The injury news, along with his struggles against lefties, will surely depress Granderson further than his current ADP. On Yahoo, Delmon Young‘s ADP is 101.1, Nick Markakis‘ is 111.6, and Granderson’s is 112.5. I’d take the chance at power and speed over those two outfielders, even if the batting average is not always there. On ESPN, Granderson’s ADP is higher (87.7), and he might not be a good option over a healthy Corey Hart (93.4), but I’d certainly take him over Torii Hunter (116.4) and Juan Pierre (115.6), more one-dimensional players at this point in their careers.
Curtis Granderson is not perfect. But at some point, he’s a value. In mixed leagues, start looking at him once you approach double-digit rounds.
For the best fantasy baseball analysis and insight please visit BloombergSports.com
By Jonah Keri
thing to dig into the numbers and make a bunch of predictions for the
upcoming fantasy season. It’s quite another to put your fantasy draft
where your mouth is. That’s just what I did last week in the Brian Kenny Show Fantasy Baseball League.
Run by ESPN anchor and radio host Brian Kenny, the league
includes some heavy hitters at the Worldwide Leader, along with a special guest from the pigskin world. Mike Greenberg (of the Mike and Mike Show), Linda
Cohn, Jay Harris, Ryen Russillo, Amy Lawrence, Buster Olney, Rob Neyer
and NFL wide receiver T.J. Houshmanzadeh (I was as surprised as you, but the man’s got a good team) joined me in the league, along
with Kenny, his producer Mike Urrunaga, and three listeners.
The format is a little different than your typical fantasy league.
Instead of the standard 5×5 format, or the original 4×4, this is 6×6.
The offensive categories are: HR, RBI, R, SB, along with OBP and SLG
(no Batting Average). The pitching categories are: W, K, ERA, WHIP,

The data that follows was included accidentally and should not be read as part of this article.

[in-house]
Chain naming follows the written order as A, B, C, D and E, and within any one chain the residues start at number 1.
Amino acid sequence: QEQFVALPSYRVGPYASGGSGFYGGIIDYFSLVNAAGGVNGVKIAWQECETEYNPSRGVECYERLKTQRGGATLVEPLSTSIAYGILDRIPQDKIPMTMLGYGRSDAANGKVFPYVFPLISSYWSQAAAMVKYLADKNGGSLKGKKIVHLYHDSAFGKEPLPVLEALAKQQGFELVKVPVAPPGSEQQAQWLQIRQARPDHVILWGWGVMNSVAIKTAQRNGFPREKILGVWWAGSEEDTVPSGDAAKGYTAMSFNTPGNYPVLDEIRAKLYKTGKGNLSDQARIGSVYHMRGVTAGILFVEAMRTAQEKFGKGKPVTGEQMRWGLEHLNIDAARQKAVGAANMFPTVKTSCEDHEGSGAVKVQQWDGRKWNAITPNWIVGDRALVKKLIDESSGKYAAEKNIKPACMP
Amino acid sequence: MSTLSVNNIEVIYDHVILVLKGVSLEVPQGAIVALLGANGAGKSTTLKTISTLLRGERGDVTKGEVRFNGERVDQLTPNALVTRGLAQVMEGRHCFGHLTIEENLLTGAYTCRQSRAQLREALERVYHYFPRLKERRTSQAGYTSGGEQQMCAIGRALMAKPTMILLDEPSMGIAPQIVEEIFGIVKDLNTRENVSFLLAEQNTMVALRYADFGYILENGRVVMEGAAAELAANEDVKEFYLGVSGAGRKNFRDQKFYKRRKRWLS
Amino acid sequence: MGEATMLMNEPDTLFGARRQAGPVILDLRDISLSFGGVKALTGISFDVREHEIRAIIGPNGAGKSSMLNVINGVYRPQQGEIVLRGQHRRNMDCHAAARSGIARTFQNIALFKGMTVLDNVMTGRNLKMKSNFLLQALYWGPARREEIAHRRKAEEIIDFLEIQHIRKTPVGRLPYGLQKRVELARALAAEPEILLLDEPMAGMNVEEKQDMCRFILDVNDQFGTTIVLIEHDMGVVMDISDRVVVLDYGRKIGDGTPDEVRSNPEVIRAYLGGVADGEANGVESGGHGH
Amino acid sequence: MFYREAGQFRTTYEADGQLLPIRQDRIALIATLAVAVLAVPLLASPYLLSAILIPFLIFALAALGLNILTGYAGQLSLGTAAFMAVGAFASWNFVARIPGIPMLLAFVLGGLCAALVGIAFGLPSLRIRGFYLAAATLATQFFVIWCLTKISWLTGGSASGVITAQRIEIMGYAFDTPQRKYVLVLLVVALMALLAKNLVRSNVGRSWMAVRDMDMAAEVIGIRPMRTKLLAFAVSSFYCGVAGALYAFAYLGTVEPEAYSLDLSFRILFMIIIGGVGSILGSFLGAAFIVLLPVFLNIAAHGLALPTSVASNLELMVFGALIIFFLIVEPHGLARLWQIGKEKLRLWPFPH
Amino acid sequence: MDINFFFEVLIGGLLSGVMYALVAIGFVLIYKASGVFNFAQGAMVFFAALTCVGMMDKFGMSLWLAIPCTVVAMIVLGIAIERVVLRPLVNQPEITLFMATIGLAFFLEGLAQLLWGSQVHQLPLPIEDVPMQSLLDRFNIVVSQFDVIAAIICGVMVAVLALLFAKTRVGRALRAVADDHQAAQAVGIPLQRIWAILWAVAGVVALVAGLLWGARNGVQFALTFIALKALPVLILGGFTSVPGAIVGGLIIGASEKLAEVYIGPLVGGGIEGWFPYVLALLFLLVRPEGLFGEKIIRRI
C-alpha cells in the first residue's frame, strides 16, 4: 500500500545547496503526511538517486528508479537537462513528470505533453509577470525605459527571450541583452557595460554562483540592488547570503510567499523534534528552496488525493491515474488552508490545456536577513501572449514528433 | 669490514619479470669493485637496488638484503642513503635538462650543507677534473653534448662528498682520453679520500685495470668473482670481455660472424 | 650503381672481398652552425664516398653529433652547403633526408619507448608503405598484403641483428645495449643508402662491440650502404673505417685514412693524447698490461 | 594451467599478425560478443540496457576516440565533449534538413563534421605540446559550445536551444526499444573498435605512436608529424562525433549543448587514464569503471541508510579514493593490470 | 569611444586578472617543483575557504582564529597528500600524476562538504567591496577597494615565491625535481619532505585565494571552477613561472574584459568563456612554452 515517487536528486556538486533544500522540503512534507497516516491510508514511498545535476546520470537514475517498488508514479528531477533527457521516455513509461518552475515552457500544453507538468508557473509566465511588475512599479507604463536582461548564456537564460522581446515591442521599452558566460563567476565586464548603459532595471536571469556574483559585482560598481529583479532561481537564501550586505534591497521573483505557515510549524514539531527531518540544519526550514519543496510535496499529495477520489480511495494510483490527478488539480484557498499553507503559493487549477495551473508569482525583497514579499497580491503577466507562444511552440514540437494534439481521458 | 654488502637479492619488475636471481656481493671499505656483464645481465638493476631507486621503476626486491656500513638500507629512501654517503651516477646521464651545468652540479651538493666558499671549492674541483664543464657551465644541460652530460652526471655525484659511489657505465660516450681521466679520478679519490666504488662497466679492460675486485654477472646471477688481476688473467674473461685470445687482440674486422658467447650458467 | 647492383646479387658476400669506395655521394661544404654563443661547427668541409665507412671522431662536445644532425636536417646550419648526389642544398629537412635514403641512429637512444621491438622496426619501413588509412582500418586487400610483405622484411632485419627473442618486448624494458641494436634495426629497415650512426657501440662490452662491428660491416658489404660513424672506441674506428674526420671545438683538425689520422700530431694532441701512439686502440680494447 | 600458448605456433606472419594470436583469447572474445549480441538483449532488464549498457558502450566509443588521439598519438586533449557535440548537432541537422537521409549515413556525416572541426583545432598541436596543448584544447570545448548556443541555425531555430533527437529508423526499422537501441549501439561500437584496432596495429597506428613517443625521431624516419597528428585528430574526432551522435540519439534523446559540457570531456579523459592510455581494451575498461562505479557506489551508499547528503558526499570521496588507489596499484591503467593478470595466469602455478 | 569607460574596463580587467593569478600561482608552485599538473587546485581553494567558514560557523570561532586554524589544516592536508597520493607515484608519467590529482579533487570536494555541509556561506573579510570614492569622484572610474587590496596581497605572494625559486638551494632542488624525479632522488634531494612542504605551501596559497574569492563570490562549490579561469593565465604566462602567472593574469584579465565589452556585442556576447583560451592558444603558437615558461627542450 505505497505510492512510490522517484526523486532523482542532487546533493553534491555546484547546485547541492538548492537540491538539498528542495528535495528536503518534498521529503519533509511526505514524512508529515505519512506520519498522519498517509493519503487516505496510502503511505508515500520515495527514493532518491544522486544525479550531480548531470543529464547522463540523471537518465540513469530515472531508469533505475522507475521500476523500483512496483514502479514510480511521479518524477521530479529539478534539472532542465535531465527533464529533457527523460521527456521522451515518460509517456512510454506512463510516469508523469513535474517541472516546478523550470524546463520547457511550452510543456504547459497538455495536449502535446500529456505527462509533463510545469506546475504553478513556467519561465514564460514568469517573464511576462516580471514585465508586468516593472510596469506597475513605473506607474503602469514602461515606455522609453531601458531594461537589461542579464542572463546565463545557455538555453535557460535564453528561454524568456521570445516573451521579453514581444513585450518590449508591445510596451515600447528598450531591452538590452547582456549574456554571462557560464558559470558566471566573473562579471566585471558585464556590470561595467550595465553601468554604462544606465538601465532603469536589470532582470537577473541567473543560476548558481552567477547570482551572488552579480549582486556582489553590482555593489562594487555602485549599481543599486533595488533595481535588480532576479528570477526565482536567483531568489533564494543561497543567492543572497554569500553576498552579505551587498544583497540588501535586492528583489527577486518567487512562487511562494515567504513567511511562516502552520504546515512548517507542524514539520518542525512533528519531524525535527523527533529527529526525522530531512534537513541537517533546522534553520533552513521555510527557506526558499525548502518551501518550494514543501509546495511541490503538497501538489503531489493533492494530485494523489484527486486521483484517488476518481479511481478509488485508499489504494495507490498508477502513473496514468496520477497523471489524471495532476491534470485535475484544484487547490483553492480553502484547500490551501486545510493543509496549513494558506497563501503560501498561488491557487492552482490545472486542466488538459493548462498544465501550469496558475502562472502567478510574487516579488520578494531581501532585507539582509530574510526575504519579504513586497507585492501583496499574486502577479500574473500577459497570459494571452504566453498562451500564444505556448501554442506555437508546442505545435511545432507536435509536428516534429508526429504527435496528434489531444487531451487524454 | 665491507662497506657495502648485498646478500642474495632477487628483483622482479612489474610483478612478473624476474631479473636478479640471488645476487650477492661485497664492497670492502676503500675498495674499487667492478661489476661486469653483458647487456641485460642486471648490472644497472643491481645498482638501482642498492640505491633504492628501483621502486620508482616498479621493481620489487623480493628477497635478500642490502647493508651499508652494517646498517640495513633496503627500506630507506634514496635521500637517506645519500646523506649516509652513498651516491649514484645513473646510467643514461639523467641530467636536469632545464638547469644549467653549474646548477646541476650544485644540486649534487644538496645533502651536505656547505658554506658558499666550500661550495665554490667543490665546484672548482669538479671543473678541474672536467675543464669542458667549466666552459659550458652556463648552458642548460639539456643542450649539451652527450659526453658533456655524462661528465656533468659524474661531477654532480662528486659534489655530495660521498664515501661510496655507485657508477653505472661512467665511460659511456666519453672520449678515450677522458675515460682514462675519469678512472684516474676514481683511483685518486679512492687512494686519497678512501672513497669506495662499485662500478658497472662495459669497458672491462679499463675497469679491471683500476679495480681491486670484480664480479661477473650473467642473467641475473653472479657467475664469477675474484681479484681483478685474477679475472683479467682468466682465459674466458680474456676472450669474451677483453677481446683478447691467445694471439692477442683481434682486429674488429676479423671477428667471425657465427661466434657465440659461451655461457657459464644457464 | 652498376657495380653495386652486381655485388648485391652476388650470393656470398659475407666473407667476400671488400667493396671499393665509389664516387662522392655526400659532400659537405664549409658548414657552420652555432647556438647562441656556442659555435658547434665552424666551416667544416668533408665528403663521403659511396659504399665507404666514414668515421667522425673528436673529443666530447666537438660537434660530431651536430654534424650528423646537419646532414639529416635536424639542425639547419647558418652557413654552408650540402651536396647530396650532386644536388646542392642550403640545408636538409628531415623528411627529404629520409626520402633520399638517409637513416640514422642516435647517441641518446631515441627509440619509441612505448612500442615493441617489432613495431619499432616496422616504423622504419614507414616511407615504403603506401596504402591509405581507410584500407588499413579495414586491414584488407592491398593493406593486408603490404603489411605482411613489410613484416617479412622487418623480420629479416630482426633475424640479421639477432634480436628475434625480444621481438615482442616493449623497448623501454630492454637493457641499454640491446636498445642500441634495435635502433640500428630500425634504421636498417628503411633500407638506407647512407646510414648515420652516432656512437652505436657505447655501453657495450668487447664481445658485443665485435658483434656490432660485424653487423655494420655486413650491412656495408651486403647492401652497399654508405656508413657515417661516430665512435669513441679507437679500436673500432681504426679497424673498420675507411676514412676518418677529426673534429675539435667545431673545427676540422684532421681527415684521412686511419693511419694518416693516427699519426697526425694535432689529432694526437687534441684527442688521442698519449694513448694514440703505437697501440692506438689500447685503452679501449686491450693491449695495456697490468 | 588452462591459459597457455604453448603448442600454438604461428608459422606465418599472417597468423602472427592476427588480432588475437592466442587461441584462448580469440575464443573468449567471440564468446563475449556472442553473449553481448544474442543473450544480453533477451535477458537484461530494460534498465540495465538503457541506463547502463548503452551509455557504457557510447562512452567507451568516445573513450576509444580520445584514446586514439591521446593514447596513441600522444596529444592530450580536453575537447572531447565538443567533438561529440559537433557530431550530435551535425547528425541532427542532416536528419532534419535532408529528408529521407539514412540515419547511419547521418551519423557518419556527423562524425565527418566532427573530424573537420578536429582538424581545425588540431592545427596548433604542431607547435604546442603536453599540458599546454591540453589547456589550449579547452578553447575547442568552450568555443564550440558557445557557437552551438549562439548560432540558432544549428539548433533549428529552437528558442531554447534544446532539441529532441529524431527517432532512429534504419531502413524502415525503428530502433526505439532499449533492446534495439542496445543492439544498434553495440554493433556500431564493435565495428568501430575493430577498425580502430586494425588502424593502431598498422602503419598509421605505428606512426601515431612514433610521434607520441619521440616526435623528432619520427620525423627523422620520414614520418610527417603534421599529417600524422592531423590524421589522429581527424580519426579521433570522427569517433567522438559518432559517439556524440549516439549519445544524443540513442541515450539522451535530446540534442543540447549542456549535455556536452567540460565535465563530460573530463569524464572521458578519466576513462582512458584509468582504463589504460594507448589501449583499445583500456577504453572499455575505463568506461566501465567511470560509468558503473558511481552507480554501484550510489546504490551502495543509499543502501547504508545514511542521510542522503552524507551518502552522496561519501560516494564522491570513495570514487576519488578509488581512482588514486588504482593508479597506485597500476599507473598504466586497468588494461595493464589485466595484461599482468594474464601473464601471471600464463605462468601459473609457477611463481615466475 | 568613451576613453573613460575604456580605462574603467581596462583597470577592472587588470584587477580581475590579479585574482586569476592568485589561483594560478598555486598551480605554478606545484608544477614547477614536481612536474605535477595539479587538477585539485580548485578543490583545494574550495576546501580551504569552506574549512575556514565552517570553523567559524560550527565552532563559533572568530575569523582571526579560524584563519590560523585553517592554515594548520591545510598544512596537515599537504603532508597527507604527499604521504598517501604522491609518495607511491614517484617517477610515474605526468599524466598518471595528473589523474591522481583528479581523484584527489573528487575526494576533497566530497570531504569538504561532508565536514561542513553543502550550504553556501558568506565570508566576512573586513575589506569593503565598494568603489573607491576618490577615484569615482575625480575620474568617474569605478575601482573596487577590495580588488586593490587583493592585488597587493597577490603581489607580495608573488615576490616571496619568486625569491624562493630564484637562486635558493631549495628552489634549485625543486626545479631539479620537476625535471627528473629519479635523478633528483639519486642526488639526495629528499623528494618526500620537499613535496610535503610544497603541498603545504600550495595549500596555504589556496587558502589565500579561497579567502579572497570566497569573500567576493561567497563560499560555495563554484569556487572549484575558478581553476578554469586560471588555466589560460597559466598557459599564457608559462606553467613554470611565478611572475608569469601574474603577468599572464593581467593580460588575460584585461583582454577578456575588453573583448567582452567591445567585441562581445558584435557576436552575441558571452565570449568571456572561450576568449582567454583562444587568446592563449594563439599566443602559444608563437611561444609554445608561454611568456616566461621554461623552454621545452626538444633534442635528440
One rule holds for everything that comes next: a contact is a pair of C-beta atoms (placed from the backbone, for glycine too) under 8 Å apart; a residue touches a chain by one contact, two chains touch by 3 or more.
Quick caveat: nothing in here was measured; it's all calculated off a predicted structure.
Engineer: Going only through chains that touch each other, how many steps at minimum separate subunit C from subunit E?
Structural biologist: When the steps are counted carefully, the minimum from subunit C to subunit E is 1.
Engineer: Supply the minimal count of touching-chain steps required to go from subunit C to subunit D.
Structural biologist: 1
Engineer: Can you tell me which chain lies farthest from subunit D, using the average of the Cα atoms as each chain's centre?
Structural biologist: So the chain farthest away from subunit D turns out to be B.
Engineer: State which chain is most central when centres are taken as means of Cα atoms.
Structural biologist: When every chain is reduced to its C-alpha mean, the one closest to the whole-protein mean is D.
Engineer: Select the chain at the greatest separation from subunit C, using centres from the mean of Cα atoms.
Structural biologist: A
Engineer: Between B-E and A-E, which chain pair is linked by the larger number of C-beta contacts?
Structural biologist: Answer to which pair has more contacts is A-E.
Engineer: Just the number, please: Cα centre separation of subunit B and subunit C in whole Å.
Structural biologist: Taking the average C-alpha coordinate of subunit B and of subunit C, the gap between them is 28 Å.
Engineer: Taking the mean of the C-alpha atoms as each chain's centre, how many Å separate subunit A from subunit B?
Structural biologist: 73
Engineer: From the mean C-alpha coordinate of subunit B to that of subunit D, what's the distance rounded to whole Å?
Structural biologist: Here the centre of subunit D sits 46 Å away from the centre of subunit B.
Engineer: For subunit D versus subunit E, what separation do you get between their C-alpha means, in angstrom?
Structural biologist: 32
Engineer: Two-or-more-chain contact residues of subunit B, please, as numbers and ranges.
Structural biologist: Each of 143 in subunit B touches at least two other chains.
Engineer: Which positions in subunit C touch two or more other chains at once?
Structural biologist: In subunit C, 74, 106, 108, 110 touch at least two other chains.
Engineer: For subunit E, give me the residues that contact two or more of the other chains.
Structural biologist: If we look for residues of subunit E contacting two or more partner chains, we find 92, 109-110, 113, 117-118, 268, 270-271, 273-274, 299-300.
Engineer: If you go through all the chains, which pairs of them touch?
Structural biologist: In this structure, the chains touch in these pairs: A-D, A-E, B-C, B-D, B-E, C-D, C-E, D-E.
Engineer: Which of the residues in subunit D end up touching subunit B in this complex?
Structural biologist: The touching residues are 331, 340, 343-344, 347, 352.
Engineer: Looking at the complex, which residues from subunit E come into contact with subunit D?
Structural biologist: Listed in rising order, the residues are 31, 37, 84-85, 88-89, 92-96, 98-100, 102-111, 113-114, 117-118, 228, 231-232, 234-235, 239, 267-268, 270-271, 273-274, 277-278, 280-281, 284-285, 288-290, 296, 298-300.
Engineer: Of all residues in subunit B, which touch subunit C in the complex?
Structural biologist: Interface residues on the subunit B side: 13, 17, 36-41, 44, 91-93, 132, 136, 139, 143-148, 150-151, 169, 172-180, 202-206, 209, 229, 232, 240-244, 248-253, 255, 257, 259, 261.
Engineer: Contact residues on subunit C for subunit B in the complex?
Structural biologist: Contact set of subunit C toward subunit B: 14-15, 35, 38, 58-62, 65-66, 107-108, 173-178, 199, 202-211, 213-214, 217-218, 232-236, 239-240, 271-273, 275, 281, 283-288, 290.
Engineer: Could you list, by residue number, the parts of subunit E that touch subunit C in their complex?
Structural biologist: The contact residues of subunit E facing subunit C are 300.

along with Quality Starts and Saves+Holds (instead of Saves only).
The strategy here was simple: Load up on offense early and grab
quality starting pitching periodically. Then take advantage of the
league’s unique categories in two ways: 1) Punt saves, so that while
others are fixated on lousy closers, I can swoop and take elite set-up
men who’ll produce almost as many holds, with much better ratios. 2)
Target hitters late in the draft who are better in real life than in
fantasy, since they typically put up low batting averages but also
strong on-base percentages and slugging averages.
Picking 10th in the draft, I grabbed Rays third baseman Evan Longoria
with my 1st-round pick. I wanted big power numbers right away, since
cheap steals figured to be abundant. Third base is also a thin position
this year, Alex Rodriguez was gone, and I trusted Longoria’s improving game and stacked Rays lineup over David Wright, the 10 home runs he hit last year, and his abysmal Mets teammates.
I was hoping to address position scarcity again and grab Rockies shortstop Troy Tulowitzki with my 2nd-round pick, but he went four slots ahead of my #19 selection. Come on down Roy Halladay! The Phillies’ new ace is the most dependable starting pitcher in the game, ranked #2 behind only Tim Lincecum
this season and #14 in B-Rank (Bloomberg Sports’ proprietary ranking of
all MLB players). The initial goal might have been to target offense
early, but you don’t say no to Halladay at this point of the draft.
That Quality Starts were an additional category in this league only
made Halladay (and other top SP) more valuable.
The next four rounds were an offensive blitz. Padres first baseman Adrian Gonzalez
is already an elite hitter in standard leagues; add OBP and SLG to the
mix, though, and he’s arguably a top-10 hitter. So heck yes, I’ll take
him at #38. With Longoria and Gonzalez now anchoring the infield and
the power categories, it was time to look for speed, which is copious
this year in the outfield. Kenny was hosting his radio show as the
draft was going on, and had no qualms about calling out players he
wanted. In Round 4, he was jonesing for Rays outfielder B.J. Upton.
At #47, I was already planning to take Upton if he fell to me; huge